Education

All things having to do with schooling, training, book-learning, and my and my family’s role therein

Education Matters

Education Matters

I think education, particularly higher ed, is the key to the American middle class dream, such as it still exists. Over lunch one day, I asked some of my aunts and uncles why they thought anyone should go to college.  What does college do?  Mind you, everyone at the table had […]

Power and Persona: Constructing an Online Voice for Professionals

Power and Persona: Constructing an Online Voice for Professionals

Joyce Johnston is an internationally recognized presenter on digital rights, online curriculum and pedagogy.  A professor at George Mason University, she also is a National Board high school teacher.  I find her thoughtful, insightful, and sometimes really funny.  She has a great deal of practical knowledge of how good teaching […]

Sometimes students really get it

Sometimes students really get it

I used to teach Anatomy and Physiology – a twelve-month long, three hour a week course, half anatomy, half physiology.  A&P has a deadly reputation for difficulty and tedium that it completely deserves.  We instructors did what we could to lighten it up.  We had foot-high wooden skeletons and modelling clay; […]

Dr. M. Carr Payne on Georgia Tech

Dr. M. Carr Payne on Georgia Tech

My Uncle Carr is a retired professor emeritus from the School of Psychology at Georgia Tech.  He was one of the original four professors when the School of Psychology was first formed in 1959.  On its 50th anniversary, they recorded interviews with five faculty and former faculty members, of whom my uncle was […]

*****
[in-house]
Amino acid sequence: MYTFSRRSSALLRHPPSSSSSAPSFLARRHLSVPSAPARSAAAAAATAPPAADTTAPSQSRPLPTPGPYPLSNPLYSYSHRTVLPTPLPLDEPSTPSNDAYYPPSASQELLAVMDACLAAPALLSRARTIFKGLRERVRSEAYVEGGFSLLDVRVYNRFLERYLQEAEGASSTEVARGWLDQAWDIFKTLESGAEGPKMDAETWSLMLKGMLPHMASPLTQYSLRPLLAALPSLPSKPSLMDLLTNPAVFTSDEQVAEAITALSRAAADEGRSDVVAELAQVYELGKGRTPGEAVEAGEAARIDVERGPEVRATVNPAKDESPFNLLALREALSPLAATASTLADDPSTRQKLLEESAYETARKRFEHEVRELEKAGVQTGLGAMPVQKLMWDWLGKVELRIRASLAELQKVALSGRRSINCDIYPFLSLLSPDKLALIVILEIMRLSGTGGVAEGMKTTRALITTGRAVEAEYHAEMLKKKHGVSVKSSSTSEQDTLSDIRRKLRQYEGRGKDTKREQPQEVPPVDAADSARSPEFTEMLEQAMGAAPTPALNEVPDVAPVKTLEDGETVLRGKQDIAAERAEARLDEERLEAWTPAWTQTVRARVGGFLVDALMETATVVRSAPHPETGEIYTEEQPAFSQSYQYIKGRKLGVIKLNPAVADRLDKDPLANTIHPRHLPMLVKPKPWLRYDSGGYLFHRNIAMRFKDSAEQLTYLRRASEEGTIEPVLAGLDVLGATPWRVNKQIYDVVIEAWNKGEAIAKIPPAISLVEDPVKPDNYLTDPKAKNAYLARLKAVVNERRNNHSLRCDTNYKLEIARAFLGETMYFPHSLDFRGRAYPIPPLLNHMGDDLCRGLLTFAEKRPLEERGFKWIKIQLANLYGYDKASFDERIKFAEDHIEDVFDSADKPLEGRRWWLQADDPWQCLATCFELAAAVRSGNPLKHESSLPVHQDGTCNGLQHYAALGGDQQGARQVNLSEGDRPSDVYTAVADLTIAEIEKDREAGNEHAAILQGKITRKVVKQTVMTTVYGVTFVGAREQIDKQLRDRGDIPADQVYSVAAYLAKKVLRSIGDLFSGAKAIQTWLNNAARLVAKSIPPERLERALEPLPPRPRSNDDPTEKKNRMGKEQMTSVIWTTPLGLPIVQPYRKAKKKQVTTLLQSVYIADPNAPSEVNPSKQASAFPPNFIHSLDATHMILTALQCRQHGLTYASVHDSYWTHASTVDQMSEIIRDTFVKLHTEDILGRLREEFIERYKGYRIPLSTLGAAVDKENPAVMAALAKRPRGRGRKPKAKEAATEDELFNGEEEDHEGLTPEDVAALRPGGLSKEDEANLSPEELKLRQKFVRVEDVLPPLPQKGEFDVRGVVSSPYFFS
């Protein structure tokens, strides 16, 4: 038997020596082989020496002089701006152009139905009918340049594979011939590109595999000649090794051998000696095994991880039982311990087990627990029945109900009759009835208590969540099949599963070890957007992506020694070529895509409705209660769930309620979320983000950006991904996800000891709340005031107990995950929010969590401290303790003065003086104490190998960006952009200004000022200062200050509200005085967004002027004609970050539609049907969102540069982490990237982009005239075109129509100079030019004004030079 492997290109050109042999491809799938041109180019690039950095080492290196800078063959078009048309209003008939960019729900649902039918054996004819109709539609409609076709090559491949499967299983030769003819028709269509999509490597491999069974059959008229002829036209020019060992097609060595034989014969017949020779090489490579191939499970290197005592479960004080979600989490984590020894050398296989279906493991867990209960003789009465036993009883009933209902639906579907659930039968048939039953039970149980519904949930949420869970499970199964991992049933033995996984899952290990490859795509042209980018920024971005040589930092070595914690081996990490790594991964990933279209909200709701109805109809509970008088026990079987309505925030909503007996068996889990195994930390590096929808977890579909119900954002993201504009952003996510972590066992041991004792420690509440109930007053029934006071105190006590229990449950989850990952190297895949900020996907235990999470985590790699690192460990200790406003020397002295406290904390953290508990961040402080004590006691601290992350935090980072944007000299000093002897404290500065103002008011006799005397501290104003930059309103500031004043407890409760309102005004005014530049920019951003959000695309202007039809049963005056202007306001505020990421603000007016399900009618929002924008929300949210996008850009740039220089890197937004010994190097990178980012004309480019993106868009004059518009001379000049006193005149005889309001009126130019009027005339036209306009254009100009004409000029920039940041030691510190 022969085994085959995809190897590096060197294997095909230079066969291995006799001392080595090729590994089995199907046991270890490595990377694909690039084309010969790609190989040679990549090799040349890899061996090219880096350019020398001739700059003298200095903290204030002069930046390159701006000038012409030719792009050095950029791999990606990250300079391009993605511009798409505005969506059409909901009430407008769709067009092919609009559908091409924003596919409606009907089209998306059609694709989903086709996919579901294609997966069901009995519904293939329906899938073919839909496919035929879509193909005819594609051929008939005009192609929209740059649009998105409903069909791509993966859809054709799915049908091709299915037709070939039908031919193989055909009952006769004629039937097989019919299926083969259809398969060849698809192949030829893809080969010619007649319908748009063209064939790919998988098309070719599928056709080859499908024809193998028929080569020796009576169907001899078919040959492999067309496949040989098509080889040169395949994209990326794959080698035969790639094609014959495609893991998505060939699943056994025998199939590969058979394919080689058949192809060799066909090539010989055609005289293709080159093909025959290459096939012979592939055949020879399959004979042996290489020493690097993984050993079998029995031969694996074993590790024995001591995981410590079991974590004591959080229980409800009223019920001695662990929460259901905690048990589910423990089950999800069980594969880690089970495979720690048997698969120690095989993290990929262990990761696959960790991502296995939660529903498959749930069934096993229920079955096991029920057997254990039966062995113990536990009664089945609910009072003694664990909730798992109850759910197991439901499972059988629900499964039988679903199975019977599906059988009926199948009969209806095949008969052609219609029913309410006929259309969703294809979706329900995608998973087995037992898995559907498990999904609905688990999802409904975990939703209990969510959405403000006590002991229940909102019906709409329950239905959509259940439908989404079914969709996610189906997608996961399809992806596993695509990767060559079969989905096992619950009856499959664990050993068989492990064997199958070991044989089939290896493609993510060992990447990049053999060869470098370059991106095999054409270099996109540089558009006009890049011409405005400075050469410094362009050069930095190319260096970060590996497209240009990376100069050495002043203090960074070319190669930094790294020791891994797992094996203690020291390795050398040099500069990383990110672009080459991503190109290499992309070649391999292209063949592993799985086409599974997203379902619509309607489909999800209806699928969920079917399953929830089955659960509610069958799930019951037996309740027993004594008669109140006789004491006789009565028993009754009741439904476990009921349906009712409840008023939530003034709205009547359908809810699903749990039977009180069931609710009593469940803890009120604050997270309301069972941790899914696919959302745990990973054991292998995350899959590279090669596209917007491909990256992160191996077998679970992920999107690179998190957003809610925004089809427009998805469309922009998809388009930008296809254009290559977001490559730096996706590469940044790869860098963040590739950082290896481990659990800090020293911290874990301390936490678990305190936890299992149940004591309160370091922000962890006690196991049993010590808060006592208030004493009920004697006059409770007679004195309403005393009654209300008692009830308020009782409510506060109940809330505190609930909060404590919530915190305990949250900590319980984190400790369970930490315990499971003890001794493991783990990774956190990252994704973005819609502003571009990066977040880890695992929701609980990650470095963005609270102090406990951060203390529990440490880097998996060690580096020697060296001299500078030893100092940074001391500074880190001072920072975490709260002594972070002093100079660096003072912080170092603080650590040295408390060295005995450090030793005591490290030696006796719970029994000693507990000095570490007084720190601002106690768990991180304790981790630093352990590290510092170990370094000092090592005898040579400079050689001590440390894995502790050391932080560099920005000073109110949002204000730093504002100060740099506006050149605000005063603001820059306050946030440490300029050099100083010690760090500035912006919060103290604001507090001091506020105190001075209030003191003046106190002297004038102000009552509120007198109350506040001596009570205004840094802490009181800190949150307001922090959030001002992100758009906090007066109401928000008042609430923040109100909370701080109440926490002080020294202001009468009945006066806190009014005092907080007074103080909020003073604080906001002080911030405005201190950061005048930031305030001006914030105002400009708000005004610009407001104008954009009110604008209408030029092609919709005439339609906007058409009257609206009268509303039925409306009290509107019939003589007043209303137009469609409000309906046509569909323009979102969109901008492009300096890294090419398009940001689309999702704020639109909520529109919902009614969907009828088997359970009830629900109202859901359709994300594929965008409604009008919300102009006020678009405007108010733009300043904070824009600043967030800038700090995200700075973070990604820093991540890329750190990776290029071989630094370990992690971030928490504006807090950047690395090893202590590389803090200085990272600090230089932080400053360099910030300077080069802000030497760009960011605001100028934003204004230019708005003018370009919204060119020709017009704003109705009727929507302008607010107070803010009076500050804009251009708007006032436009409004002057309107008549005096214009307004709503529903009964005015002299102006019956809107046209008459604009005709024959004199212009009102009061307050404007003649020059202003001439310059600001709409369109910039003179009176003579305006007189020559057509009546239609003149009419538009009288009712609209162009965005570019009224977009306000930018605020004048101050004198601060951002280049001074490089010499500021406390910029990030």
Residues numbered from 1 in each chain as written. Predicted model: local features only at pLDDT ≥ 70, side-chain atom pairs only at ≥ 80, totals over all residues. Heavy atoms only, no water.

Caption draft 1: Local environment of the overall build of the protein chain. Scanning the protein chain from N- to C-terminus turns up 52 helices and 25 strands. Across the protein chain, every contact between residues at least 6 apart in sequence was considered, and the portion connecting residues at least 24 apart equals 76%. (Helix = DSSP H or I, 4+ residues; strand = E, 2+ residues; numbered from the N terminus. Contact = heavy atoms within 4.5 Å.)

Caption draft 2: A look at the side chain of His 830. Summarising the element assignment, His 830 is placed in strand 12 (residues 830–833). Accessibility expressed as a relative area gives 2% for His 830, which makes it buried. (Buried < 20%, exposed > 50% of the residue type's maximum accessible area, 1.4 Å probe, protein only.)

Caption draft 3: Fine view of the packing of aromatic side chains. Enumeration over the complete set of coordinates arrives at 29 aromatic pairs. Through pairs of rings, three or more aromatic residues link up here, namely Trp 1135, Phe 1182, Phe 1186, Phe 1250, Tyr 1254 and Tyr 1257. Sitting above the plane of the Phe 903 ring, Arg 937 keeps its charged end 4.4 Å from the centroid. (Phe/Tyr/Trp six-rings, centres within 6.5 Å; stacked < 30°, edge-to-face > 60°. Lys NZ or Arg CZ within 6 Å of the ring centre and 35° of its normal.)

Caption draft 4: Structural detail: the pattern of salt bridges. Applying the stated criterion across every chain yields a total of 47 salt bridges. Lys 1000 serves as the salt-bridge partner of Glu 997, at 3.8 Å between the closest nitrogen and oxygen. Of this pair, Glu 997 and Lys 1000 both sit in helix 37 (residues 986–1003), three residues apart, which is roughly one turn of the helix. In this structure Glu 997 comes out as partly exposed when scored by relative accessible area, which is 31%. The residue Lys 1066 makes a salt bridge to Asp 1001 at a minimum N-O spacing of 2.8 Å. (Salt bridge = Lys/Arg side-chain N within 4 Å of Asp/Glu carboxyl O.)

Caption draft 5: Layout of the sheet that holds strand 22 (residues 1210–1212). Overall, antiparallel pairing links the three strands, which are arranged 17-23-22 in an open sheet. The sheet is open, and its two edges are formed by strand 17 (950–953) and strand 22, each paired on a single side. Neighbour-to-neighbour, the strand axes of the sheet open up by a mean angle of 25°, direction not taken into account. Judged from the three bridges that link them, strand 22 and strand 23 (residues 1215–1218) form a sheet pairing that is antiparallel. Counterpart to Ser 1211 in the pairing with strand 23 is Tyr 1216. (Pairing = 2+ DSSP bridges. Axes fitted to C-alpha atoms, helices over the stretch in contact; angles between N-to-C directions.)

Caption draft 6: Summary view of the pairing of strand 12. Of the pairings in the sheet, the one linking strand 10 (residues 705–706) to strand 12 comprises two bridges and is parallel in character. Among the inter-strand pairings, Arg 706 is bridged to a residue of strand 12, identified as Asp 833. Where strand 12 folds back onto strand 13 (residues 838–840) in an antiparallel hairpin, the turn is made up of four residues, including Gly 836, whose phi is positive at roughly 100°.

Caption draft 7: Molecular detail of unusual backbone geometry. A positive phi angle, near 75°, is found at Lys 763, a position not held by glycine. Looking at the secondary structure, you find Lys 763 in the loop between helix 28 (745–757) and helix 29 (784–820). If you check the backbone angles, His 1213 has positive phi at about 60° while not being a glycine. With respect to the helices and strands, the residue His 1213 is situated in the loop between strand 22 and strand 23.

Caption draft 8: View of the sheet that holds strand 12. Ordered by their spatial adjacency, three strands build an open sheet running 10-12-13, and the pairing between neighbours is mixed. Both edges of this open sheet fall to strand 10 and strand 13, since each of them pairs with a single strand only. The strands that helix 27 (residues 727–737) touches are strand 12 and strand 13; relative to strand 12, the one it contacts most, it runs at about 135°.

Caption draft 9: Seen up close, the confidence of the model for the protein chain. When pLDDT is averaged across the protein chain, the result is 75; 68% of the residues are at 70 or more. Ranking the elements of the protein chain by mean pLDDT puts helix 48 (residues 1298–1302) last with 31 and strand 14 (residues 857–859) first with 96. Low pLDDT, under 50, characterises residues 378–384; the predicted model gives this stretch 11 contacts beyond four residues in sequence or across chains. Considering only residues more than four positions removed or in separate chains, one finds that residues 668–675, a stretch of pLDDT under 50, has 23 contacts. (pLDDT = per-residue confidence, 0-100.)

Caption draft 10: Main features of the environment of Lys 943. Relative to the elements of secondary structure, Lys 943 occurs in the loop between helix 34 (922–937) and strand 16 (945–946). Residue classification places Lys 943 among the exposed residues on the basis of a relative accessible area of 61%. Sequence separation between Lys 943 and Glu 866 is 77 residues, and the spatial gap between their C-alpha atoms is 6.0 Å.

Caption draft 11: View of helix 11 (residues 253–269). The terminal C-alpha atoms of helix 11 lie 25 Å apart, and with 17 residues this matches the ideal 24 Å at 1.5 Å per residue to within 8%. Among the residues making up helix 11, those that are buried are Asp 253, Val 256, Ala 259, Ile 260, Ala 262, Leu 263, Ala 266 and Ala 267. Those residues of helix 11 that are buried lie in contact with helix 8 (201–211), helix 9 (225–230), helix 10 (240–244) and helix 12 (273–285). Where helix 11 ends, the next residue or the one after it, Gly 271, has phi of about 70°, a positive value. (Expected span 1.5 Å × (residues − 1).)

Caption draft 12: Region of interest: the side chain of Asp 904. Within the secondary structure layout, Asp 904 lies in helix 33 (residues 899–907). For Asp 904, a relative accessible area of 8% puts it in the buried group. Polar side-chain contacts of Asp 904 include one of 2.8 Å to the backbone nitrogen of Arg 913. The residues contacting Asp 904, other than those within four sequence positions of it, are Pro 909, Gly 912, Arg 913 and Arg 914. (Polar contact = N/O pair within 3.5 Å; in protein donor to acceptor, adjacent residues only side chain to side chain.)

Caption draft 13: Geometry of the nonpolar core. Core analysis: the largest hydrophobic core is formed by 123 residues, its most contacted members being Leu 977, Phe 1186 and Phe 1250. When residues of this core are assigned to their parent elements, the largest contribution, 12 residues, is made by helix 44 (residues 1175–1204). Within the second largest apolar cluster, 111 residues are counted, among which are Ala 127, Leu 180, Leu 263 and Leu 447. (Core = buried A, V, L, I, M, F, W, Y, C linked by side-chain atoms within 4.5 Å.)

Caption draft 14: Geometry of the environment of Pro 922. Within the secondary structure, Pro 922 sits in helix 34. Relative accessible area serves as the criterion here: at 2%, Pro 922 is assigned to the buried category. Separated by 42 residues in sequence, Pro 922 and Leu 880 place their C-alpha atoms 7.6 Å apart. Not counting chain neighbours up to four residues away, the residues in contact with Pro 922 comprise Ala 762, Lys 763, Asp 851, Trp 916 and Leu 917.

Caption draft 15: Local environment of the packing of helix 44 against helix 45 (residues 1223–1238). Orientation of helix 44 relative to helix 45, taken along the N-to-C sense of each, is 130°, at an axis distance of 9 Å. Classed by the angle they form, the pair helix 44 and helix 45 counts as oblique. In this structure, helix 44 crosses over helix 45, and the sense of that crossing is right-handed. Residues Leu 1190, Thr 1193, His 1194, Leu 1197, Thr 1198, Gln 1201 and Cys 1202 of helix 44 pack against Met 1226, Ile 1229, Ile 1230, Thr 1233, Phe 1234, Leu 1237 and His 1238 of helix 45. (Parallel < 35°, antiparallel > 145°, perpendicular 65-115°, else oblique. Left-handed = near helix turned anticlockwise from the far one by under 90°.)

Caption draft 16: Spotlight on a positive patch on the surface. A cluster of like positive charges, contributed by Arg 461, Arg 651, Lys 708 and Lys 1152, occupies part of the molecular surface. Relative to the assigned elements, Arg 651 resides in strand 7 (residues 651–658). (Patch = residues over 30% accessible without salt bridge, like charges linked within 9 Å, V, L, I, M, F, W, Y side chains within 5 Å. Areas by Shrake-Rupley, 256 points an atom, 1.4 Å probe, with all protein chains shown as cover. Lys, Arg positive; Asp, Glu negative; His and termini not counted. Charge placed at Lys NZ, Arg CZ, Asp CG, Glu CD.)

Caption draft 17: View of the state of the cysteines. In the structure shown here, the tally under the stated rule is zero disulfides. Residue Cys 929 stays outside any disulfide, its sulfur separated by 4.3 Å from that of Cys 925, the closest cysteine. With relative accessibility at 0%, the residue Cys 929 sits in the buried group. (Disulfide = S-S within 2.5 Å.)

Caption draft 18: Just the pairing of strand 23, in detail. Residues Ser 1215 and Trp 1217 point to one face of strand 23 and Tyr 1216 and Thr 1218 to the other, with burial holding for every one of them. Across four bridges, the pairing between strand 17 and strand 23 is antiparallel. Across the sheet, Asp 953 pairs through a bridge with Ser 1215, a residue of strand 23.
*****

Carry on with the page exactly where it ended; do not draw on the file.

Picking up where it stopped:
The Works of Bruce Ryburn Payne, first President of Peabody College (great-grandfather)

The Works of Bruce Ryburn Payne, first President of Peabody College (great-grandfather)

Quite by accident, I stumbled on a list of my great-grandfather’s published works.  Some are still in print!  This is the man who founded Peabody College, a teachers’ college in the South, now the Education School of Vanderbilt University.  I am struck by the gentle teaching and learning focus in […]

Southern Prose and Poetry for Schools

Southern Prose and Poetry for Schools

The year is 1910.  The southeastern U.S. is still recovering from the Civil war, which devastated the region though it ended years before.  Edwin Mims and my great-grandfather Bruce Payne edit a volume – 454 pages in today’s edition! – to share the wealth of southern culture and make it […]

Academic Feedom and Peabody College

Academic Feedom and Peabody College

Joseph Hart was an academic who fought for academic freedom, testing “the distinctions between academic freedom and freedom of speech and may have crossed those boundaries intentionally”.  Hart was Vanderbilt University’s first chair of their new Department of Education; after four years he was dismissed and the department closed. Nearby […]

Educating Girls in 1887:  Grow To Your Full Height

Educating Girls in 1887: Grow To Your Full Height

Mary Kerr Breckenridge Kavanagh (1869-1900) was my great-grandmother.  She graduated with top honors from Howard College in Fayette, Missouri, in 1887.  We called her Mary Kerr, or Mary Breckenridge.  She played piano, loved theatre, belonged to debating societies and card clubs, and generally sought an intellectual life wherever she could.  […]

She joined the faculty of UT Austin in 1927: Elizabeth Tarpley, great aunt

She joined the faculty of UT Austin in 1927: Elizabeth Tarpley, great aunt

My great aunt Elizabeth Tarpley (known to us as Wupa) was a textiles expert and a woman who knew her own mind.  She taught what was then called Home Economics at the University of Texas at Austin for 34 years, and was head of the Division of Textiles and Clothing […]